Kate Taliaferro contemplates the magical and purposeful time of creative waiting.
Now I know what you’re thinking. “Wait? How is waiting thrilling? Waiting is boring, inconvenient and certainly any other adjective other than thrilling.”
My answer to you is, “Ah, I didn’t specify what kind of waiting I’m talking about.” I’m not talking about waiting in the doctor’s office, though this could become an opportunity for the type of waiting I’m thinking of. I’m not talking about waiting in line, or waiting for your DoorDash to arrive. I am talking about creative waiting - that is, waiting for the thing to come into being that you are creating.
Examples, because that sounds like it could be complicated. I’m thinking about moments such as:
- The time it takes to go from strings of yarn to finished knitted scarf or hat
- The time it takes to go from blank canvas to painted portrait
- The time it takes to go from full roll of film (film, remember film?) to empty roll of film to post office to the lab to prints back to your home to see what pictures you managed to take.
- The time it takes to go from positive pregnancy test to … is the creation ever truly finished?
- The time it takes to [insert the thing you’ve started to think about here]
There is something magical in the time between conception of an idea to the idea coming to life. It is thrilling, to be creating. To be actively engaging in the making of something that wasn’t there before. We all do this, even if you aren’t a knitter, painter, photographer, parent, etc.
Part of being human, of being made in the image and likeness of God, is that we are participants in creation. We are creators, though it’s important to quickly and decisively clarify that we are no where near our Creator -- capital C.
God creates out of nothing. There was no substance outside of God when He made the world. He loved and spoke it into being. As much as I wish I could speak my sweater into being, no amount of speaking is going to knit those stitches. As much as my husband wishes he could love his film into prints, it won’t make the post office or the lab work any more quickly. As challenging as the 2- to 3-year-old years are, no amount of speaking, shouting, loving, or crying will make them roll forward with greater ease or speed.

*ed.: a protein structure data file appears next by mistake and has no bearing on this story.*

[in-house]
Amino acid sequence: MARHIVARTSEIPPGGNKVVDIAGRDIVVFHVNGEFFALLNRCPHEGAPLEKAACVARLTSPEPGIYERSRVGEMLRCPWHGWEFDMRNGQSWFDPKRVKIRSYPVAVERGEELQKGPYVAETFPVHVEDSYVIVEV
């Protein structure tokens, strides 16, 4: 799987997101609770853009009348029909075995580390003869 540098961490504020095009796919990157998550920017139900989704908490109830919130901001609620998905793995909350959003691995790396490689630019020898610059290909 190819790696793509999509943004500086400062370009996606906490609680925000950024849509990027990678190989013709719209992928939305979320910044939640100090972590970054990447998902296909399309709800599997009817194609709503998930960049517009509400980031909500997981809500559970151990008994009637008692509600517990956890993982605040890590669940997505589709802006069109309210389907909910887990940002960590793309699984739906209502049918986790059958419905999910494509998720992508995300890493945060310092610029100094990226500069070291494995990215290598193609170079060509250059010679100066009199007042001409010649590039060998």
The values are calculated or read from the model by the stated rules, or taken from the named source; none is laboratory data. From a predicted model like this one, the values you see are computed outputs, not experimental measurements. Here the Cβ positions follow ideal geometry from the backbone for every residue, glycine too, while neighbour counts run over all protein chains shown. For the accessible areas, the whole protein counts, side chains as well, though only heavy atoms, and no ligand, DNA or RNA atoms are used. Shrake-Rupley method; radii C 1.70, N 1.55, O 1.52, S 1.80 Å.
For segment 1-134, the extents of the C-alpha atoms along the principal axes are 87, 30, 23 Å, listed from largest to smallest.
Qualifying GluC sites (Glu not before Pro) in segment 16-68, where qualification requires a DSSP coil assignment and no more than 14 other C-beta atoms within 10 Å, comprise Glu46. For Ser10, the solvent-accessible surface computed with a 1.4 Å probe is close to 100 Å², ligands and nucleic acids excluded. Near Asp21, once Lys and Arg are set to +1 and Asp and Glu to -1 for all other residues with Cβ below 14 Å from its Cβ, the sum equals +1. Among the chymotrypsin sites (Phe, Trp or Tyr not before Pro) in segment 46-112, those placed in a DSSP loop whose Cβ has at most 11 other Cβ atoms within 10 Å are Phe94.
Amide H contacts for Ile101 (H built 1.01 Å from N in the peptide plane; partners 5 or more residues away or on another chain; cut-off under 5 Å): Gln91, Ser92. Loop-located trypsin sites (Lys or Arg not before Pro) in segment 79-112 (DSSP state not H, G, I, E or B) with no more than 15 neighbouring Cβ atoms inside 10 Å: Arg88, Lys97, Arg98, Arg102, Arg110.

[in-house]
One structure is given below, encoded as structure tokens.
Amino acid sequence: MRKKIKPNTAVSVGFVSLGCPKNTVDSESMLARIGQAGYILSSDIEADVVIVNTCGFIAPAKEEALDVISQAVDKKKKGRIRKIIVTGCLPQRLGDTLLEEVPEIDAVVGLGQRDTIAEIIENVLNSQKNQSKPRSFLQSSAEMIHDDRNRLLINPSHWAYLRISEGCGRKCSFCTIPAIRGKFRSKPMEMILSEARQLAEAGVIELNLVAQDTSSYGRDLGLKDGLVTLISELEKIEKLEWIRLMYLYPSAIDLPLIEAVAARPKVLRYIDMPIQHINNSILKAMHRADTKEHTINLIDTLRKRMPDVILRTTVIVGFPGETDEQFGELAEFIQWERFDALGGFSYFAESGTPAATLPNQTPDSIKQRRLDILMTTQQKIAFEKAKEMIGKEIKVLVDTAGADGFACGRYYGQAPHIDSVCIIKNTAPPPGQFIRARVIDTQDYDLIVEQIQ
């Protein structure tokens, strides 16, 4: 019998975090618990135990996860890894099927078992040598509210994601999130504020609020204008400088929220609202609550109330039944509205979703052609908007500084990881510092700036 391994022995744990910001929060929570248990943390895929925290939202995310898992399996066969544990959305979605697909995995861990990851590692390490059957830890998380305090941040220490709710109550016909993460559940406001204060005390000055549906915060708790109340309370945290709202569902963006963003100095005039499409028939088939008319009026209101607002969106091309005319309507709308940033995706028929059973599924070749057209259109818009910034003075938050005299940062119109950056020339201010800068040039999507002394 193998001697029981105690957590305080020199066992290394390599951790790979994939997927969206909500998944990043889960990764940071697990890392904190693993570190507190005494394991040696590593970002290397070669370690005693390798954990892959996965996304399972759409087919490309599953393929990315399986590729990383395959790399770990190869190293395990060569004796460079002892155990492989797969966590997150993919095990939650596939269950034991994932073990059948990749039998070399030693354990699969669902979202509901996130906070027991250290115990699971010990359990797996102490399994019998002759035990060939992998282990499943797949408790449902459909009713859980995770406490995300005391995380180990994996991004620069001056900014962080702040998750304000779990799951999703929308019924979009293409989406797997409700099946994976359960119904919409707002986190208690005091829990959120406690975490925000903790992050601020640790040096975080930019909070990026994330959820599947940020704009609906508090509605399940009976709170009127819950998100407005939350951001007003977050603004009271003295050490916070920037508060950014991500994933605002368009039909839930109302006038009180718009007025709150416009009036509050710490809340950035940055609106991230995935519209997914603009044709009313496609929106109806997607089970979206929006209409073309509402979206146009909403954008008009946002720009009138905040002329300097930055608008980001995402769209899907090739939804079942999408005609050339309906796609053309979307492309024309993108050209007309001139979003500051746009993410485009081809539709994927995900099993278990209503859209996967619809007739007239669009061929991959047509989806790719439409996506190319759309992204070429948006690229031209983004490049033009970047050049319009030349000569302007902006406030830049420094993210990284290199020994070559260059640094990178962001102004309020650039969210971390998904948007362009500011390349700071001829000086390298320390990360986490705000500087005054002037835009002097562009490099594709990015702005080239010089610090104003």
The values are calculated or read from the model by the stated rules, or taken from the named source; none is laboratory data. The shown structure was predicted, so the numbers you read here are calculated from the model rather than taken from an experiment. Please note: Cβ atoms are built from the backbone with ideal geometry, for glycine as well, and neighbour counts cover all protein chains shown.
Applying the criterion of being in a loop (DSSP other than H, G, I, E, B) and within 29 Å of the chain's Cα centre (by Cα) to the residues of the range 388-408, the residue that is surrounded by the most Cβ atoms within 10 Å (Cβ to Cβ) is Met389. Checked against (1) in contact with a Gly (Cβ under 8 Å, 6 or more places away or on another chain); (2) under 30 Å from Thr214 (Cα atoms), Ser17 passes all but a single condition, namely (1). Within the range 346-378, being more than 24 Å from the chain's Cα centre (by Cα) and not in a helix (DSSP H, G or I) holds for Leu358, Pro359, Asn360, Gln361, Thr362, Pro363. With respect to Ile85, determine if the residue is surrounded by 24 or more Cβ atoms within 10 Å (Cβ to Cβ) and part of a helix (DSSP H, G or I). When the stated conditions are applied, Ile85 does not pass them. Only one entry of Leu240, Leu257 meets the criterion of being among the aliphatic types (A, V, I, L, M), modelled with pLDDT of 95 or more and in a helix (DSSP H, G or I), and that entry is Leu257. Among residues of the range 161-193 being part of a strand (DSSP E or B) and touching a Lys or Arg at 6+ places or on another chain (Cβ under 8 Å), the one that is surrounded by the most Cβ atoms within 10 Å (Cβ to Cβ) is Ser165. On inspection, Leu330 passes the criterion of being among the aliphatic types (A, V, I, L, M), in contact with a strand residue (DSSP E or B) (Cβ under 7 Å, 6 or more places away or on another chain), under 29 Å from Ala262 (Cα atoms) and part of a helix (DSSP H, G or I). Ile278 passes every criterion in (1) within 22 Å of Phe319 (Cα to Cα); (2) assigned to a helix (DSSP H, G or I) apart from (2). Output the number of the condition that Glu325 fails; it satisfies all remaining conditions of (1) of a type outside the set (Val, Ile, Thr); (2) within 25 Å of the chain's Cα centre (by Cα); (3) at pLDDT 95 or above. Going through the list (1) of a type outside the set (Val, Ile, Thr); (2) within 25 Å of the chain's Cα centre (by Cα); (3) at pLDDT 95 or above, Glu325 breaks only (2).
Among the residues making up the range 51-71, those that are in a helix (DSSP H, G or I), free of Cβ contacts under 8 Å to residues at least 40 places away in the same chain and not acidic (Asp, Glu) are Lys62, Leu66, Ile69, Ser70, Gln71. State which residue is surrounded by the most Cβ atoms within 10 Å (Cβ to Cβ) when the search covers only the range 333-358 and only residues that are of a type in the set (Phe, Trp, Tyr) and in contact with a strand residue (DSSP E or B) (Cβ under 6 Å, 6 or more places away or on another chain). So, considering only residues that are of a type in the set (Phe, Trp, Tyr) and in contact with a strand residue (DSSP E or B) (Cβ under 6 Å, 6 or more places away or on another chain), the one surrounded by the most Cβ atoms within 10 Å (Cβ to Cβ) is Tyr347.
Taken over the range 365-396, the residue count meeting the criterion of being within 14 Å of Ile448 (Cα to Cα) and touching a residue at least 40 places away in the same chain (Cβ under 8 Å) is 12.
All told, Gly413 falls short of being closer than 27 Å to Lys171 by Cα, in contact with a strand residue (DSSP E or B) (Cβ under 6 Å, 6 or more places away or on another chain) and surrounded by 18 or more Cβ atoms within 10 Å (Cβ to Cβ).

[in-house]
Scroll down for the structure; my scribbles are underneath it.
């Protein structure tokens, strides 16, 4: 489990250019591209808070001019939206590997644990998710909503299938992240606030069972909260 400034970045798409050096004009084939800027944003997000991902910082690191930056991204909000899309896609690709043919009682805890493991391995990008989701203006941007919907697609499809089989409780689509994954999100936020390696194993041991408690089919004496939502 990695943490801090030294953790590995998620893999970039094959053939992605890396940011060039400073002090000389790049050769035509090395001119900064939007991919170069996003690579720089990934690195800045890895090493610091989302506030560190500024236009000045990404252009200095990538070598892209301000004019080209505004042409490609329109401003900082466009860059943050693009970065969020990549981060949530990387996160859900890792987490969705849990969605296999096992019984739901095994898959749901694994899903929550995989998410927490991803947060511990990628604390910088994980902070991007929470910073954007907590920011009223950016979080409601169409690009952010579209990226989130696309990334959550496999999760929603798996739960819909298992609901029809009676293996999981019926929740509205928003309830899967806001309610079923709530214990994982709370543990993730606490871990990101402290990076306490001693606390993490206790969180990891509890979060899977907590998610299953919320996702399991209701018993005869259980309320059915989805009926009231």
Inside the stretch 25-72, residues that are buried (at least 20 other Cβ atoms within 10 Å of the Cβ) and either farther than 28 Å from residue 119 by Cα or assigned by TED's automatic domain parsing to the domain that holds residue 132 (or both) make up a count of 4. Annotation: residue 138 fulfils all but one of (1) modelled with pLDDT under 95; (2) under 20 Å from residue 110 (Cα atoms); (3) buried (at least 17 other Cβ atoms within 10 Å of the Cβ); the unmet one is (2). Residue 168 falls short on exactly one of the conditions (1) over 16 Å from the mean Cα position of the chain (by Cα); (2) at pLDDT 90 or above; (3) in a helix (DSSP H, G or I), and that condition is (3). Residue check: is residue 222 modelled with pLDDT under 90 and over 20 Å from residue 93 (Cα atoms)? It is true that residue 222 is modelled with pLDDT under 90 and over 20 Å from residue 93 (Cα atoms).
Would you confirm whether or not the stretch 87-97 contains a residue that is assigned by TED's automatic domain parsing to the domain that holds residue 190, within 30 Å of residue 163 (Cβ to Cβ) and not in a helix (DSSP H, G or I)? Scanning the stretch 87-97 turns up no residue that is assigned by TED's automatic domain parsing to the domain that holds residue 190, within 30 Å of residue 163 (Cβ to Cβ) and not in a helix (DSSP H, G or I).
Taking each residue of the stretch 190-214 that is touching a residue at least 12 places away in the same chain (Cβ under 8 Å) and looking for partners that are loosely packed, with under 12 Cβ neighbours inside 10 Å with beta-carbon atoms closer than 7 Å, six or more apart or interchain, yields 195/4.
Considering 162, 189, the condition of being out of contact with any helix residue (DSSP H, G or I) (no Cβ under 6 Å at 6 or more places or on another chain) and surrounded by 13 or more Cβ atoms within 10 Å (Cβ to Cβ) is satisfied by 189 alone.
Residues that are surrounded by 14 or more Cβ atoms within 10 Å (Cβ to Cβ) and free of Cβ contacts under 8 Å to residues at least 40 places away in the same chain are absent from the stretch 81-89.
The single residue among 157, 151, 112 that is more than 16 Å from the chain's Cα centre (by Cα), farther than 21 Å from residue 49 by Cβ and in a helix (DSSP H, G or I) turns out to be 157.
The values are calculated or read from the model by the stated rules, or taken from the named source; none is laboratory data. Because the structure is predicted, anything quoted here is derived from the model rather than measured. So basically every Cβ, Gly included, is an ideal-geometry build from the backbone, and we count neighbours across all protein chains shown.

We are creators, yes. But we have to wait on our creations. Our creations take work, time, effort. We have to wait for them to be finished, if they ever will be. But our waiting is far from boring: it is full of action. We stitch, we craft, we discipline, we rejoice, we build up, we tear down to rebuild again. We are actively participating in our creation each and every day. While we long for the finished product, half (or maybe even more than half) of the fun is in the process.
As humans, we are pulled toward making, toward creating. For you this might look like a dinner from scratch, another chapter in the book you are writing, a sundress for your daughter, a garden plot in the backyard. It might be in a schedule well ordered, a tidy home, or an organized workspace. Every single day, we create something. Every single day, we have to wait while we work for it.
Waiting is hard, but it is not without purpose and, when you stop to think about it, is far from boring. Our waiting grants us the opportunity to be in touch with who we are and why we are here. It can remind us that we were made by a Creator and it is in His image we were made. I hope that as you go about your day and you find yourself waiting, pause and thank God for the opportunity to create, and in that, the opportunity to wait.
This is my initial attempt at a knit shawl, which I tore out because I felt the color contrast was too high. I am so happy I did because these 3 colors blend much better together. I never would have figured it out if I hadn’t taken the time to try it and then revamp it. I am still waiting for the end result, but happily working toward it every day!
Copyright 2021 Kate Taliaferro
Images copyright 2021 Kate Taliaferro, all rights reserved.
About the Author
Kate Taliaferro is an Air Force wife and mom of 6. She has a Masters in Religious Education and tries to find God's presence in all parts of her day, be it cooking, cleaning or just the everyday ordinary. She enjoys homeschooling, stitching crafts and finding cheerios between the couch cushions. She blogs at Daily Graces.